There’s news of an enormous, potentially game-changing corporate acquisition, the reverberations of which will be felt all across the country. We speak, of course, of the announcement that IHOP Corp. will buy the Applebee’s chain for $2.1 billion. IHOP plans to convert the floundering Applebee’s, one of the few company-owned national food chains, to the more popular franchise model. Though the deal appears to make immediate economic sense, we’re naturally worried about the possible loss of Applebee’s legendary culinary freedom. Will celebrity chef Tyler Florence, who had just unveiled his bruschetta burger and herb-crusted chicken breast for the fall menu, set to debut September 18, be allowed to continue his independent and aggressive experimentation under IHOP Corp.?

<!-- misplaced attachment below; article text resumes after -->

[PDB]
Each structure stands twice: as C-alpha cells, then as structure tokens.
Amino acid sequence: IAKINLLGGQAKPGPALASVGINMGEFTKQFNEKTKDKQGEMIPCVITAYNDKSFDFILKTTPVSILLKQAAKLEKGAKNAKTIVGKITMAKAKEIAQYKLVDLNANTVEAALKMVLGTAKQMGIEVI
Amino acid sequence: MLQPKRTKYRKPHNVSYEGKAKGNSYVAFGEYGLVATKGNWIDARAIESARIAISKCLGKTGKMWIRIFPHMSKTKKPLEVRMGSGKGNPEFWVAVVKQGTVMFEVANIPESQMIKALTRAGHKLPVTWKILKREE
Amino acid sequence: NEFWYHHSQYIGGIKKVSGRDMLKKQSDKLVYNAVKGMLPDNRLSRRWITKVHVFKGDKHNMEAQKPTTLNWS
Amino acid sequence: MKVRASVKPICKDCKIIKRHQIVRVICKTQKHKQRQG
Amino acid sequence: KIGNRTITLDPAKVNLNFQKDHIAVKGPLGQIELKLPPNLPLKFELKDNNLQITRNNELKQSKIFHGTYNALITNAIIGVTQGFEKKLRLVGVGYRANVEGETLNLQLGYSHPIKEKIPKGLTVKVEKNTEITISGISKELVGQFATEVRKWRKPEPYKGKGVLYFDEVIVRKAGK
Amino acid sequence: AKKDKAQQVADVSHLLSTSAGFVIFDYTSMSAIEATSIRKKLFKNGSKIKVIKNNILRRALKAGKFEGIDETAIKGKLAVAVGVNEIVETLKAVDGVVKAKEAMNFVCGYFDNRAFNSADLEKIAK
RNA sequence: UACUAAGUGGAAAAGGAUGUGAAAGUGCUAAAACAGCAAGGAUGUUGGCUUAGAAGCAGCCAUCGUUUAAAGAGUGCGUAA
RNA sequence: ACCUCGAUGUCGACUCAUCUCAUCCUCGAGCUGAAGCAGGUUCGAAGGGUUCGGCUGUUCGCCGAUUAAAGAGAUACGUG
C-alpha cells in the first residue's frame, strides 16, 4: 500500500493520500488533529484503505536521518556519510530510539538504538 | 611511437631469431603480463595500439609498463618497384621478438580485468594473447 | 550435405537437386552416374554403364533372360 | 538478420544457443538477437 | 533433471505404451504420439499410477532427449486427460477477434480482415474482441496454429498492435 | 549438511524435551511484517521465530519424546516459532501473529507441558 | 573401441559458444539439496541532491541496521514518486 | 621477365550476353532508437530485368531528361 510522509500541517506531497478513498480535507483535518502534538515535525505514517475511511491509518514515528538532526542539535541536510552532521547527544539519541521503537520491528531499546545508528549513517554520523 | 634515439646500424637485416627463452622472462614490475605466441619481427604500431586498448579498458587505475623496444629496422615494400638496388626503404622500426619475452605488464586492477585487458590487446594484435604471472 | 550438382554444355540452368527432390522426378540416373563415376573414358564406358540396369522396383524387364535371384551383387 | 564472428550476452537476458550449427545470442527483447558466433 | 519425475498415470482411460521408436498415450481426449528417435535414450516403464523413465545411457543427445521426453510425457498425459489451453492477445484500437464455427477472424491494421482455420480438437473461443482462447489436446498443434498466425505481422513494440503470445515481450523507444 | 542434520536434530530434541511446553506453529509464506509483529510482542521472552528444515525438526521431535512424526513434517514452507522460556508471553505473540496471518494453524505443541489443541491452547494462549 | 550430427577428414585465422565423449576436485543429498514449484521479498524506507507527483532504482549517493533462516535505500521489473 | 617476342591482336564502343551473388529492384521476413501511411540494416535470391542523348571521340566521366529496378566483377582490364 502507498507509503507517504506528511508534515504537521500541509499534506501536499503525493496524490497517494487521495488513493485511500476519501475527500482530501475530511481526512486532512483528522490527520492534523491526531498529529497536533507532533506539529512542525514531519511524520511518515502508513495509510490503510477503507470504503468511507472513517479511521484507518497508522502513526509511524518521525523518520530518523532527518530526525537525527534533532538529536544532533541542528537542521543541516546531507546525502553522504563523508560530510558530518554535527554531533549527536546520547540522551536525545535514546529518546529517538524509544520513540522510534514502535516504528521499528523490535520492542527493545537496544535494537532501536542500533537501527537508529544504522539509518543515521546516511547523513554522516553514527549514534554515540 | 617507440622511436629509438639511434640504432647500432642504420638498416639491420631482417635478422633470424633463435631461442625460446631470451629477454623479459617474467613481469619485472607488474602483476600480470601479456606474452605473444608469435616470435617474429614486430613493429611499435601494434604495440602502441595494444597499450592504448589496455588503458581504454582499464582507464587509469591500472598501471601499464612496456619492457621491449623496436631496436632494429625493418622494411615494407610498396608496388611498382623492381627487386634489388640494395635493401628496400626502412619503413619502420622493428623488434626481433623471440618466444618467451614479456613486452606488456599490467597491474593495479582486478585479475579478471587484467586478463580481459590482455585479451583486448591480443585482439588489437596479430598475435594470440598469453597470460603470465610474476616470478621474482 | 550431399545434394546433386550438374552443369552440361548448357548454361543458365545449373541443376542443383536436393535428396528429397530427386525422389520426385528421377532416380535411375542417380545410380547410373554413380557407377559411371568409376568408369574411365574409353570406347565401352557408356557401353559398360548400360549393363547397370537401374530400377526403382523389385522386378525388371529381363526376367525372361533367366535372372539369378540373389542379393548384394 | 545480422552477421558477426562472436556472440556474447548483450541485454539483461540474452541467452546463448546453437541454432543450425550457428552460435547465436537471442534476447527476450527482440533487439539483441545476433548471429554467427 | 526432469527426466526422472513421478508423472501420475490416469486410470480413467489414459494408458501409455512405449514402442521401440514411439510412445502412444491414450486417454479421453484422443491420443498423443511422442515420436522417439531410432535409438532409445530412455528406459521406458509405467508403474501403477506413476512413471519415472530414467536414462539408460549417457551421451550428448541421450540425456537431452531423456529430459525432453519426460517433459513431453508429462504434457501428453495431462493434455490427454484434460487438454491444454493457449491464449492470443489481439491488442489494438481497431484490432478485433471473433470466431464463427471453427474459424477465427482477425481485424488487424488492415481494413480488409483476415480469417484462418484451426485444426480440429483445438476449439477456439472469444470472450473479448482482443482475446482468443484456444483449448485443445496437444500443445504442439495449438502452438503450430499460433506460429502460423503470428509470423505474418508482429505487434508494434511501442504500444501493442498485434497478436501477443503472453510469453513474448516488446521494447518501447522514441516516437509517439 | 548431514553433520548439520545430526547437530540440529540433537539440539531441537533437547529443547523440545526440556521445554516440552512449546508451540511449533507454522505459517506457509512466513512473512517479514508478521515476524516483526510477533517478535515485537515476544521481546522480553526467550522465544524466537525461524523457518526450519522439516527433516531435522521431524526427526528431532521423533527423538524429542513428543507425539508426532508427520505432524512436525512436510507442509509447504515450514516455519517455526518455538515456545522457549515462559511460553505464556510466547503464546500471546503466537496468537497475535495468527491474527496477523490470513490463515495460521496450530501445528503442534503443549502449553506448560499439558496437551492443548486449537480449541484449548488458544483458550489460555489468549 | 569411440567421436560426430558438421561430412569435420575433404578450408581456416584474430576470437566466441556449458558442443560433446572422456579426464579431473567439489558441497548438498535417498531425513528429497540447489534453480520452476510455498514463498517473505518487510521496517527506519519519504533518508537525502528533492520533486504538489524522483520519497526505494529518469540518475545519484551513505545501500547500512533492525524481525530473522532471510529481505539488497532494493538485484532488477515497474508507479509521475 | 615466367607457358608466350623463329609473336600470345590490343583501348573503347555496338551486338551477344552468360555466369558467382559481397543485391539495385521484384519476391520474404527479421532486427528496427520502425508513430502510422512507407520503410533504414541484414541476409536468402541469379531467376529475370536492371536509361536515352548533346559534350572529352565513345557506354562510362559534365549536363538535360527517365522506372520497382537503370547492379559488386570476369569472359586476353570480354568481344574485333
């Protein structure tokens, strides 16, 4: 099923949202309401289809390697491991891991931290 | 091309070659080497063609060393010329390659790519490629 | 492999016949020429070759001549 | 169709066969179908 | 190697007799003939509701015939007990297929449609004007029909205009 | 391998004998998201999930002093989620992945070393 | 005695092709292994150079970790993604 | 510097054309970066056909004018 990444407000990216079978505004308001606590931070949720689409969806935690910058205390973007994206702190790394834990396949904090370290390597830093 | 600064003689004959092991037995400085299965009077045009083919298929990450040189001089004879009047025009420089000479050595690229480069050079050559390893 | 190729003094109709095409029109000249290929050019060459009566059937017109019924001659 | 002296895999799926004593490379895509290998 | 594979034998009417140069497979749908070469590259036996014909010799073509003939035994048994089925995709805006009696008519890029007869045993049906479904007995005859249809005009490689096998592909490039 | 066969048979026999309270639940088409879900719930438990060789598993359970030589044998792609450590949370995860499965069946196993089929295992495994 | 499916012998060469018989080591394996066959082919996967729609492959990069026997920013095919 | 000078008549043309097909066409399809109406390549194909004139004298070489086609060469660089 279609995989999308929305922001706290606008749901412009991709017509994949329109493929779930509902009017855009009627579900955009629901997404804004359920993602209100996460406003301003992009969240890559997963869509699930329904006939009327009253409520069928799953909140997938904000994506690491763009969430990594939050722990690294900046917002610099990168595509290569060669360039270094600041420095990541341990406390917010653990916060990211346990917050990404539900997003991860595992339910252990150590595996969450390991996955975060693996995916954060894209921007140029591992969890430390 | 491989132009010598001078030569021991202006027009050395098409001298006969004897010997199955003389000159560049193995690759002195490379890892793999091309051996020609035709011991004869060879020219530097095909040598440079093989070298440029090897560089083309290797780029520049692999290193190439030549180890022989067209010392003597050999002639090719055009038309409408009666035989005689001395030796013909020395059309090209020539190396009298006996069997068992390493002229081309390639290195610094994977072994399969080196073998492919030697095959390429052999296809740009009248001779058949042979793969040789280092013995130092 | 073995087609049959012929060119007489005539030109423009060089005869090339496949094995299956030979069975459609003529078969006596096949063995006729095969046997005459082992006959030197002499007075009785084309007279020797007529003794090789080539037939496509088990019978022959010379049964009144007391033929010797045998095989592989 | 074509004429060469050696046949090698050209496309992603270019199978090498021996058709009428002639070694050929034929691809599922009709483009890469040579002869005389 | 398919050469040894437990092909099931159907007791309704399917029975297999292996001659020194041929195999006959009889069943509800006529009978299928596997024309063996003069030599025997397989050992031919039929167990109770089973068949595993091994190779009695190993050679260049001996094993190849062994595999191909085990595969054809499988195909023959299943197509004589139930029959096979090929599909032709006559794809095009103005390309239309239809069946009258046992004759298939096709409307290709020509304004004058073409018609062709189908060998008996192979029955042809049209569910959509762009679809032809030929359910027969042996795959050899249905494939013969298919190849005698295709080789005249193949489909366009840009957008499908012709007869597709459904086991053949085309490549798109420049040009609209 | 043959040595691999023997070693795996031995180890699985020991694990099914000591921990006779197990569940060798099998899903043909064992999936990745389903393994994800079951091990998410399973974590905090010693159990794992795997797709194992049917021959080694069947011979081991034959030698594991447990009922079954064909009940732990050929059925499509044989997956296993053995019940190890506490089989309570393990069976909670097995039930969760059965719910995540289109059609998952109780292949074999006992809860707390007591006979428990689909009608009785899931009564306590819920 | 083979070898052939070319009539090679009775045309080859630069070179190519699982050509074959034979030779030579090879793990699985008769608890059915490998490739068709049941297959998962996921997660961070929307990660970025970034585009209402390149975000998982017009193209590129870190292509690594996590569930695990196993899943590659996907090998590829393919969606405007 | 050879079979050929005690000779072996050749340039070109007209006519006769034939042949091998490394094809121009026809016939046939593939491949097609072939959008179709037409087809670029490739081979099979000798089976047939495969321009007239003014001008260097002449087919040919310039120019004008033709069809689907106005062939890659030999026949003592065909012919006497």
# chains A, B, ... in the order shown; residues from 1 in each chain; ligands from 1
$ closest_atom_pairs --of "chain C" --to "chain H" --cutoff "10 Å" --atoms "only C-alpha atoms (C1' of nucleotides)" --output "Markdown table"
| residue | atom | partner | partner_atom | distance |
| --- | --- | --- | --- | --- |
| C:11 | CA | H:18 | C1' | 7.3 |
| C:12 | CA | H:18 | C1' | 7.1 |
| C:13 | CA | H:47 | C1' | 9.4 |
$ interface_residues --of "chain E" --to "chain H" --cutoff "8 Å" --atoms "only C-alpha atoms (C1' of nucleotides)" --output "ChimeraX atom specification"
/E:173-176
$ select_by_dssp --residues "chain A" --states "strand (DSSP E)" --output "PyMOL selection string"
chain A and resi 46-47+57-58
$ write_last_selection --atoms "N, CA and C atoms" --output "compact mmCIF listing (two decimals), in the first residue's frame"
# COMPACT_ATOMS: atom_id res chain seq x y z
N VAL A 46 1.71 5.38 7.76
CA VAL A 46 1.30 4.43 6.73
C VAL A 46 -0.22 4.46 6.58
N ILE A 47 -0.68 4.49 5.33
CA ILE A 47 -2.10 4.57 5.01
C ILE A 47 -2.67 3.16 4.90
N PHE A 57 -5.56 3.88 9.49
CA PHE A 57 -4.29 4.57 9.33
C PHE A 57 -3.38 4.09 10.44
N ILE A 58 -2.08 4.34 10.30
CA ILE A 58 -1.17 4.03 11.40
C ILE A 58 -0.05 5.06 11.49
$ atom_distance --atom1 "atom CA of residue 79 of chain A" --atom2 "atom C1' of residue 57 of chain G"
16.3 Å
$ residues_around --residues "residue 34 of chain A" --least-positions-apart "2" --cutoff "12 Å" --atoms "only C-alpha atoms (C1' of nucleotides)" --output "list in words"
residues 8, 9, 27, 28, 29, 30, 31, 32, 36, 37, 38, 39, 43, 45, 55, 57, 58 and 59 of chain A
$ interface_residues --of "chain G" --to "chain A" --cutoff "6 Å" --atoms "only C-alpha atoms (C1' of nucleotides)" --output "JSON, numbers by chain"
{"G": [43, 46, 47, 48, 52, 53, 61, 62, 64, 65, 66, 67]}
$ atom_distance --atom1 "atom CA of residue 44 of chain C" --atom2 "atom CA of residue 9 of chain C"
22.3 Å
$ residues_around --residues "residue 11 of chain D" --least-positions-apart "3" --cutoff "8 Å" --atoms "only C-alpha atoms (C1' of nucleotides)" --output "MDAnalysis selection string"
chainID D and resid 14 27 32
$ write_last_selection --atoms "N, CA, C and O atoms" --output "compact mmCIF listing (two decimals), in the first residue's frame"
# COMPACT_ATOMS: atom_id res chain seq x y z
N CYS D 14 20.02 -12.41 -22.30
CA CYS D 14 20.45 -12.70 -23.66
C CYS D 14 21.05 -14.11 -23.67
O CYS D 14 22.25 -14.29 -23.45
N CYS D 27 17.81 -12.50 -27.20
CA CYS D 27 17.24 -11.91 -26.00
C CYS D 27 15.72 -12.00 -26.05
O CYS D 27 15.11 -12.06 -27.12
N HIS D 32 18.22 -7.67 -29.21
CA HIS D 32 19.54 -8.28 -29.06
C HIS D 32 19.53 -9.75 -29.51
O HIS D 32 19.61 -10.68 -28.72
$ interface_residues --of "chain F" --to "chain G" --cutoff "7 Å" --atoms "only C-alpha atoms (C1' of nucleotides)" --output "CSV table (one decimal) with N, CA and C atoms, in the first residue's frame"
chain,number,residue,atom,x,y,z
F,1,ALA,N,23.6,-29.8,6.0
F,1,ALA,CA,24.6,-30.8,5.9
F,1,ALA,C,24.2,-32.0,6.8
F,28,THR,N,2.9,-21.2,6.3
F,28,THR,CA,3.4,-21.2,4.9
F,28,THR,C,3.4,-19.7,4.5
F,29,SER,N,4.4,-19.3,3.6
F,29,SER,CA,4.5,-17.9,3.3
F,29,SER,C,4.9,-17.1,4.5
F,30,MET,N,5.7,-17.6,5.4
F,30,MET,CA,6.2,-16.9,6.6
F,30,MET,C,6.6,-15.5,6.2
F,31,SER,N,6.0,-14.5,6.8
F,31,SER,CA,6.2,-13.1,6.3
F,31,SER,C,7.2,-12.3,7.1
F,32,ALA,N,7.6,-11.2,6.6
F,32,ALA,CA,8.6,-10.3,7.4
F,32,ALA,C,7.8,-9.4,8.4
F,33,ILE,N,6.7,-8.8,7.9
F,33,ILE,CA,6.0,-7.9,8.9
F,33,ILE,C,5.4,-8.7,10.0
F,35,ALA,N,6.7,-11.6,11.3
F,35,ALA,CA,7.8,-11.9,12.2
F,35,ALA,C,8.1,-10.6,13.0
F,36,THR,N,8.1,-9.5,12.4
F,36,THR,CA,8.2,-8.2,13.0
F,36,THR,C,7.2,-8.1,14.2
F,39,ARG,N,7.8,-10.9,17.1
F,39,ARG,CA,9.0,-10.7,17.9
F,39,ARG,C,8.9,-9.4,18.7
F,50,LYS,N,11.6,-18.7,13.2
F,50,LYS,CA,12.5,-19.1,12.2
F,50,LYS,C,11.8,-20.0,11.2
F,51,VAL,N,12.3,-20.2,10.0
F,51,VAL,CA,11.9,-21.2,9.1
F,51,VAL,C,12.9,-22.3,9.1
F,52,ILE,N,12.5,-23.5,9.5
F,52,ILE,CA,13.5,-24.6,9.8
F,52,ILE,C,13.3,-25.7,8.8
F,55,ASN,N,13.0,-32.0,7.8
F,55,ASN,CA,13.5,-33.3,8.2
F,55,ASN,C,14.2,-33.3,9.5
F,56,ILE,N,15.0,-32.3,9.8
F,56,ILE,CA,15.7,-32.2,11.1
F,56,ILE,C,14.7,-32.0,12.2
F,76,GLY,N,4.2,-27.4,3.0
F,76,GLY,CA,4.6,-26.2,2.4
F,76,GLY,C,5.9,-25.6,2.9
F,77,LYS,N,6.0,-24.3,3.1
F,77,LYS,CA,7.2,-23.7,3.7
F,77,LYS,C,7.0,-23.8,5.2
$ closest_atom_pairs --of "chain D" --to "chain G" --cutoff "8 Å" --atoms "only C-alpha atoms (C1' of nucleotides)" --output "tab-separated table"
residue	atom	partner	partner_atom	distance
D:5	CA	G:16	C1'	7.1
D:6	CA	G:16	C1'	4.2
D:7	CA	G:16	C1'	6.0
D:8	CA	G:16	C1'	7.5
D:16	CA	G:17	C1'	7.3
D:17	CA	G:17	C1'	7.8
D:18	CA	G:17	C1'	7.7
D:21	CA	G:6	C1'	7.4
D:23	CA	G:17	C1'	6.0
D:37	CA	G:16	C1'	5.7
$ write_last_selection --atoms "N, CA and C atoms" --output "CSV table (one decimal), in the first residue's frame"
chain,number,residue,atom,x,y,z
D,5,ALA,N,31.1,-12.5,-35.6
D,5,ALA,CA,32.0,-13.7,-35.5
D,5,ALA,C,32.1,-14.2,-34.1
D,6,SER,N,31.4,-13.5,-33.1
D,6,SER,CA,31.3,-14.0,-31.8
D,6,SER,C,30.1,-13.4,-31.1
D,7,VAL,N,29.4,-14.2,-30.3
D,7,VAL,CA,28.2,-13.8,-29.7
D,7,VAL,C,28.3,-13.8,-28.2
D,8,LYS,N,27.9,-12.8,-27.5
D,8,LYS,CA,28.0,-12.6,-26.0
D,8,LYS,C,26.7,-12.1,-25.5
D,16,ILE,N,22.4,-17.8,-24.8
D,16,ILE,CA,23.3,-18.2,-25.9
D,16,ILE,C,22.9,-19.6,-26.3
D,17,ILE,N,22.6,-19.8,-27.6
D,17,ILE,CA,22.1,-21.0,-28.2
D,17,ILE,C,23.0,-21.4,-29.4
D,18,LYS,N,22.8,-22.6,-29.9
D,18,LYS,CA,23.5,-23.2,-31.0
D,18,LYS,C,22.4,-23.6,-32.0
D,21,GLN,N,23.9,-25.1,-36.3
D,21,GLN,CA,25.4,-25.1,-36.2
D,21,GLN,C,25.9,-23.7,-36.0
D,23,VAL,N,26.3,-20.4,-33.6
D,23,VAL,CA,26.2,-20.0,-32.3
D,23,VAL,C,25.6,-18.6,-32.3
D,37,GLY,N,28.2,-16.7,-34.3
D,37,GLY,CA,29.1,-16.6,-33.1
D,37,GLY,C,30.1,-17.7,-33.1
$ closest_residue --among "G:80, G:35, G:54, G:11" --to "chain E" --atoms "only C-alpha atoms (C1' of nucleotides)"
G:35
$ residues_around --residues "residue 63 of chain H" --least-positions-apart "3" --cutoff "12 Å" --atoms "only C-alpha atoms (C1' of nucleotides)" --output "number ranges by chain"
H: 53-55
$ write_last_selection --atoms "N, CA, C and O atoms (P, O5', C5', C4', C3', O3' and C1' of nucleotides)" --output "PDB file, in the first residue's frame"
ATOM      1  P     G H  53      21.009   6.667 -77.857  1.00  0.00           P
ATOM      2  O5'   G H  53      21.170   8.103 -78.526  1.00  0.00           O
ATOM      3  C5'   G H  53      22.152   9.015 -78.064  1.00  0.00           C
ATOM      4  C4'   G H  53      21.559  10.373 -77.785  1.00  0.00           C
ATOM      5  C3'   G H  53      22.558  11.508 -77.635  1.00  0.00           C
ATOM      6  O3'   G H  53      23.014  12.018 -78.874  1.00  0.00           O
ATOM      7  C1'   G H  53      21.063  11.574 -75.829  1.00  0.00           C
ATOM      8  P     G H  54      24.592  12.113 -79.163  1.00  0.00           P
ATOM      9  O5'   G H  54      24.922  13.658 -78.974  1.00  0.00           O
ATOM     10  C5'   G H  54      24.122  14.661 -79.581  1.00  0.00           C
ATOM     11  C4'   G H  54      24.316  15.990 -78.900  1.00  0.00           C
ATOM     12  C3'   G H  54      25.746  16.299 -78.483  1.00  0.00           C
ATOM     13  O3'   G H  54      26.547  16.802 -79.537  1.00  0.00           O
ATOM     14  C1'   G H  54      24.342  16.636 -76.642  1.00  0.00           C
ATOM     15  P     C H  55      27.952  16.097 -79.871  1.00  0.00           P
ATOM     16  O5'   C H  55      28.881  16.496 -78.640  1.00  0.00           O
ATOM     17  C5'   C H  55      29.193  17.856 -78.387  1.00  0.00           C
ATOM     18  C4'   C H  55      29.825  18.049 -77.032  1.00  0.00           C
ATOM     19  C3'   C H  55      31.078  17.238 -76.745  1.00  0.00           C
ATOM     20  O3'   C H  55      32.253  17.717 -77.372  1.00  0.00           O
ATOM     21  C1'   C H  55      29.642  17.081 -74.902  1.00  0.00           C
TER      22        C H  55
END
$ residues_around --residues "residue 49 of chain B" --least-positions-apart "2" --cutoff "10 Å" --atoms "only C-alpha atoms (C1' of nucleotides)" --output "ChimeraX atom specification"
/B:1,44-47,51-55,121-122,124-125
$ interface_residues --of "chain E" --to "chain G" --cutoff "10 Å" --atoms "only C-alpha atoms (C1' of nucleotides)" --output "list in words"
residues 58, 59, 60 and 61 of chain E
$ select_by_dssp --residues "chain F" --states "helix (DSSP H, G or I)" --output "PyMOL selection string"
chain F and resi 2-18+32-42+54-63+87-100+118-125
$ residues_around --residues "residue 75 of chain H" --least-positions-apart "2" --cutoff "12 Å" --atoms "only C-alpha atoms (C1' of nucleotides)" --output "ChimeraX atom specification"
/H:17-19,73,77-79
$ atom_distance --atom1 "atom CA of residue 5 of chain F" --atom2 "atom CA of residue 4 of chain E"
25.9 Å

Supporters of the deal argue that the purchase of Applebee’s could be a late-in-life bid for respectability for IHOP Corp., still stigmatized by its “pancake-flipping” persona despite having added a full menu; if so, it would be unlikely to meddle in Applebee’s kitchen affairs lest it destroy its prize property. Others worry that the franchise model, though suitable for the International House of Pancakes, may simply not work for an institution like Applebee’s. The question remains: Despite the promises to bring “focus and discipline” to the table, how committed is IHOP Corp. to the principles of Eatin’ Good in the Neighborhood? If the founding Applebee family, justifiably proud of its crown jewel, doesn’t like the answer, it could yet scotch the deal.